Tips and advice from those who know
If these emotions are suppressed, they
create problems later when the gymnast is
making a comeback, especially when they
attempt the skill that they were working on
when they suffered the injury.
Founder and director of The Institute of Sports
Psychology in Houston, Andrews is the sports psychology
consultant for the U.S. men’s national gymnastics team,
coaches and staff as they prepare for the 2012 Olympics.
As a licensed therapist and certified sports counselor, he
has developed a highly effective model for assisting athletes as they recover from the psychological trauma of
injury. He also implements a cutting-edge system for
maximizing athletic potential and performance. Andrews
recently fielded questions from IG Editor Dwight Normile.
What role, if any, does a positive attitude play? A positive attitude is critical to
the full recovery from a sports-related
injury. A strong, positive mindset and attitude make the down
time more bearable and the recovery process much more productive. I always suggest that the injured athlete stay as connected to
his/her sport as possible. Attend workouts when you can, and
help out with training schedules and competitions. Disconnection
and isolation from teammates and the sport itself can contribute
to a downward spiral in attitude.
What is the common series of emotions most gymnasts
feel after an injury, such as an ACL tear? It is traumatic for a
gymnast to be performing at his/her best one moment, and then
suddenly suffer the devastation of a serious injury. Each athlete
responds differently, but I see a general emotional pattern.
Injured gymnasts I have worked with report an initial feeling of
shock and disbelief. Many recall the doctor’s words “It’s an ACL”
very vividly. From that point on, their world becomes very confusing as they anticipate the uncertainty of surgery and a long
recovery back to competition. This shock and disbelief can be so
pronounced that many gymnasts cannot put words to what they
are experiencing or feeling. They can become withdrawn and
quiet. As the seriousness of the injury is revealed, the emotional
Some gymnasts experience feelings of anger and frustration
when they realize the full extent of their injury. It is traumatic to
realize that a season is over, that surgery is required, and that
there will be a long recovery period. The mental and emotional
obstacles are tremendous.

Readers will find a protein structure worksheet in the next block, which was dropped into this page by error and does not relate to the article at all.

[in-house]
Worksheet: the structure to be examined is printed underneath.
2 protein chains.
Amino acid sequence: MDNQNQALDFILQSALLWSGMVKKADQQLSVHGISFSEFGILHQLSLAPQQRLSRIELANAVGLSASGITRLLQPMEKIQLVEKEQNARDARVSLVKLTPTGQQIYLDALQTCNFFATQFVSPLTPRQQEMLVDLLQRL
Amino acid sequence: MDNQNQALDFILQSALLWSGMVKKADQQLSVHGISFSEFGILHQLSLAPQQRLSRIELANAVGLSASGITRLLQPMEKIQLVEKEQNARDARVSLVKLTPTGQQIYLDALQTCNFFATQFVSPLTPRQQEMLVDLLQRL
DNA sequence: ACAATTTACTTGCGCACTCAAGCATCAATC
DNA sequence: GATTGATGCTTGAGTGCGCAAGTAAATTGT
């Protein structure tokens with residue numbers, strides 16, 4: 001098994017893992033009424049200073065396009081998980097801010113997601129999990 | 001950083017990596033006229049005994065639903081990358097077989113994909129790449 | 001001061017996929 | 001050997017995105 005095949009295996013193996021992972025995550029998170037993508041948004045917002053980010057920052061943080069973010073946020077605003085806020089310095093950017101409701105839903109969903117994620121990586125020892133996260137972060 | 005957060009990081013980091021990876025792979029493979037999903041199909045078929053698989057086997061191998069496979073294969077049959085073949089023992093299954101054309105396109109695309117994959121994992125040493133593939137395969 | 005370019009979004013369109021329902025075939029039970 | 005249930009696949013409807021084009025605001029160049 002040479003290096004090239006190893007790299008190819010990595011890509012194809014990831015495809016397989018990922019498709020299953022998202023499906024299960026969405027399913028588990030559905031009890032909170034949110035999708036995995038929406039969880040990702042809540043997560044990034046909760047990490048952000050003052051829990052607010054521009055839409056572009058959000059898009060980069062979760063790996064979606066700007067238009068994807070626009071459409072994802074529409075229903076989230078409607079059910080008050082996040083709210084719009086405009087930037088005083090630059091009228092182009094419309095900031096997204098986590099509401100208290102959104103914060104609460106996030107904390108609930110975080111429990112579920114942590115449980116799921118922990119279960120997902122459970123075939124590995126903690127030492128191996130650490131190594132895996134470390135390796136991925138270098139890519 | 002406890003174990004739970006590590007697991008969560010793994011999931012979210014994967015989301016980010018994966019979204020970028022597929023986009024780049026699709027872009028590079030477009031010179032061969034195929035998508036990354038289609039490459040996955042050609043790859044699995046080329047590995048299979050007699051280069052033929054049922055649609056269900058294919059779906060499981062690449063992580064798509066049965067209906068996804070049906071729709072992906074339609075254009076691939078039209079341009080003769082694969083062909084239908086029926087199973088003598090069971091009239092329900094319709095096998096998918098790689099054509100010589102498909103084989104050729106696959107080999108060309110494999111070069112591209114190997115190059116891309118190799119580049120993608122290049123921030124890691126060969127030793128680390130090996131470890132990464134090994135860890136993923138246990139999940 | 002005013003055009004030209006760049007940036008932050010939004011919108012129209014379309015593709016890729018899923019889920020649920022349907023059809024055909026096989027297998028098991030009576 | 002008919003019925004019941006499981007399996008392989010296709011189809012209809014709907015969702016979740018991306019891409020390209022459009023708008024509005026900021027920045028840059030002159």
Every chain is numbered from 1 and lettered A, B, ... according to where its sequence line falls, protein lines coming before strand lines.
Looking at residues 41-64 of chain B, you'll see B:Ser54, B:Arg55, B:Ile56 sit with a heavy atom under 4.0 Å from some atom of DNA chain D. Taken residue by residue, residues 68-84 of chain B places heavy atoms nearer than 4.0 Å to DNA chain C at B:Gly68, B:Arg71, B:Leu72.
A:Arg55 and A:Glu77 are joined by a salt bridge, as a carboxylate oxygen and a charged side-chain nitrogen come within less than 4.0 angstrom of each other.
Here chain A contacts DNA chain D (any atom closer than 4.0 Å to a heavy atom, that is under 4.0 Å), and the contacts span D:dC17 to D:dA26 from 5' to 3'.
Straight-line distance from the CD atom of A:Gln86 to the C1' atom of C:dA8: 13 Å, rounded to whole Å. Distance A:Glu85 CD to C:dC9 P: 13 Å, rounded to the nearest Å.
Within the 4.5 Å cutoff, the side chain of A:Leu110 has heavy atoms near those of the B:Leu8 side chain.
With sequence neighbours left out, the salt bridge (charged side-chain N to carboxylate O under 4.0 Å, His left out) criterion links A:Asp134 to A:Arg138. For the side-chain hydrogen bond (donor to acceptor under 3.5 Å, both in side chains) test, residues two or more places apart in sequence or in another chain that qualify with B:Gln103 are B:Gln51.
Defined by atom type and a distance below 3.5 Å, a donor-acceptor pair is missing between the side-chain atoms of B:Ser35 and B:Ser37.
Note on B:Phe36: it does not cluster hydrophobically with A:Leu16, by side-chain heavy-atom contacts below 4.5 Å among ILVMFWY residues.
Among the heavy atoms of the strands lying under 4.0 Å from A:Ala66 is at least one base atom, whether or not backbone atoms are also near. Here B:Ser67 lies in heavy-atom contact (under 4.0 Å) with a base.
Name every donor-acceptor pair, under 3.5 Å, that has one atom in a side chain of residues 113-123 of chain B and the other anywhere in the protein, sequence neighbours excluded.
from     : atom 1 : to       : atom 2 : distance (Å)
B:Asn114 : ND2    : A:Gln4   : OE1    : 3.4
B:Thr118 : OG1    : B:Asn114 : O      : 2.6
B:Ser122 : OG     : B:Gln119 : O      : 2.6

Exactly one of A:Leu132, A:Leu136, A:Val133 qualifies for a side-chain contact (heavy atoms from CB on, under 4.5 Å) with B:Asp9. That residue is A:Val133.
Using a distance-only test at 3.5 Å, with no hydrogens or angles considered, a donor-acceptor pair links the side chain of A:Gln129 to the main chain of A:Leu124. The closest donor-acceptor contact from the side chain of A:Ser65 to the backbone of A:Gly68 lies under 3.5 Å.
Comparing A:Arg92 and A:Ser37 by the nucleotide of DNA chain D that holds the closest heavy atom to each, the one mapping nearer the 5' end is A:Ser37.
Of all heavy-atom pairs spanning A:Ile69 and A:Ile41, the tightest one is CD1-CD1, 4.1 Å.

Before surgery, many athletes suffer high levels of anxiety and
fear. For most gymnasts who suffer a torn ACL or another serious injury, this is unfamiliar territory. The younger the gymnasts,
the fewer coping skills they have to help them deal with the trauma they are going through.
Are there exercises for the mind, as there are for rehabbing
the injured body part? Yes, there are exercises athletes can do
on their own, and there are more advanced exercises and techniques that some sports psychology consultants use. Where the
mind leads, the body follows. Being conscious of the thoughts
and images you entertain in your mind is critical to recovery.
Mindfulness of the injured gymnast’s thoughts, attitudes and perceptions during recovery can help create a positive mental outlook.
Are these emotions a natural part of the recovery process?
Yes. Tearing ligaments and tendons and breaking bones is traumatic physically, mentally and emotionally. There is a tremendous surge of information the nervous system and brain are trying to process. Athletes are conditioned to be resilient, tough and
courageous, so they may not show outward signs that they are
suffering, scared, depressed or anxious. It is important that the
injured gymnasts and those in their support system create an
environment that encourages them to work through the cauldron
of emotions they are experiencing.
You worked with Raj Bhavsar after his disappointment of
not making the 2004 Olympic team. Were you in contact
with him soon after the 2008 Olympic trials, when he was
initially named alternate again? Kevin Mazeika asked me to
start working with Raj in September of 2007. Raj was a model
student of the work we implemented leading into Winter Cup,
the Visa Championships and Olympic trials in 2008. I was in the
hotel lobby when the athletes came down from the selection
meeting. It was a difficult time for all of us in his camp. I know
that Raj was mentally and emotionally prepared for the selection
committee’s decision. It was a big risk coming back again and
going through the intensity of an Olympic run.
To come back and hit 12 for 12 in the Olympic trials was his
goal. He accomplished that goal. The work Raj did mentally,
emotionally and spiritually prepared him for the decision to go
either way. I believe this helped him rise to the challenge when
asked to step up and represent his country.
I attended the team qualifications and the team finals at the
Beijing Olympics. Raj’s Olympic performance was stellar and he
was a strong leader for team USA. —Continued on page 45
“It is traumatic to realize that
a season is over, that surgery
is required, and that there will
be a long recovery period.”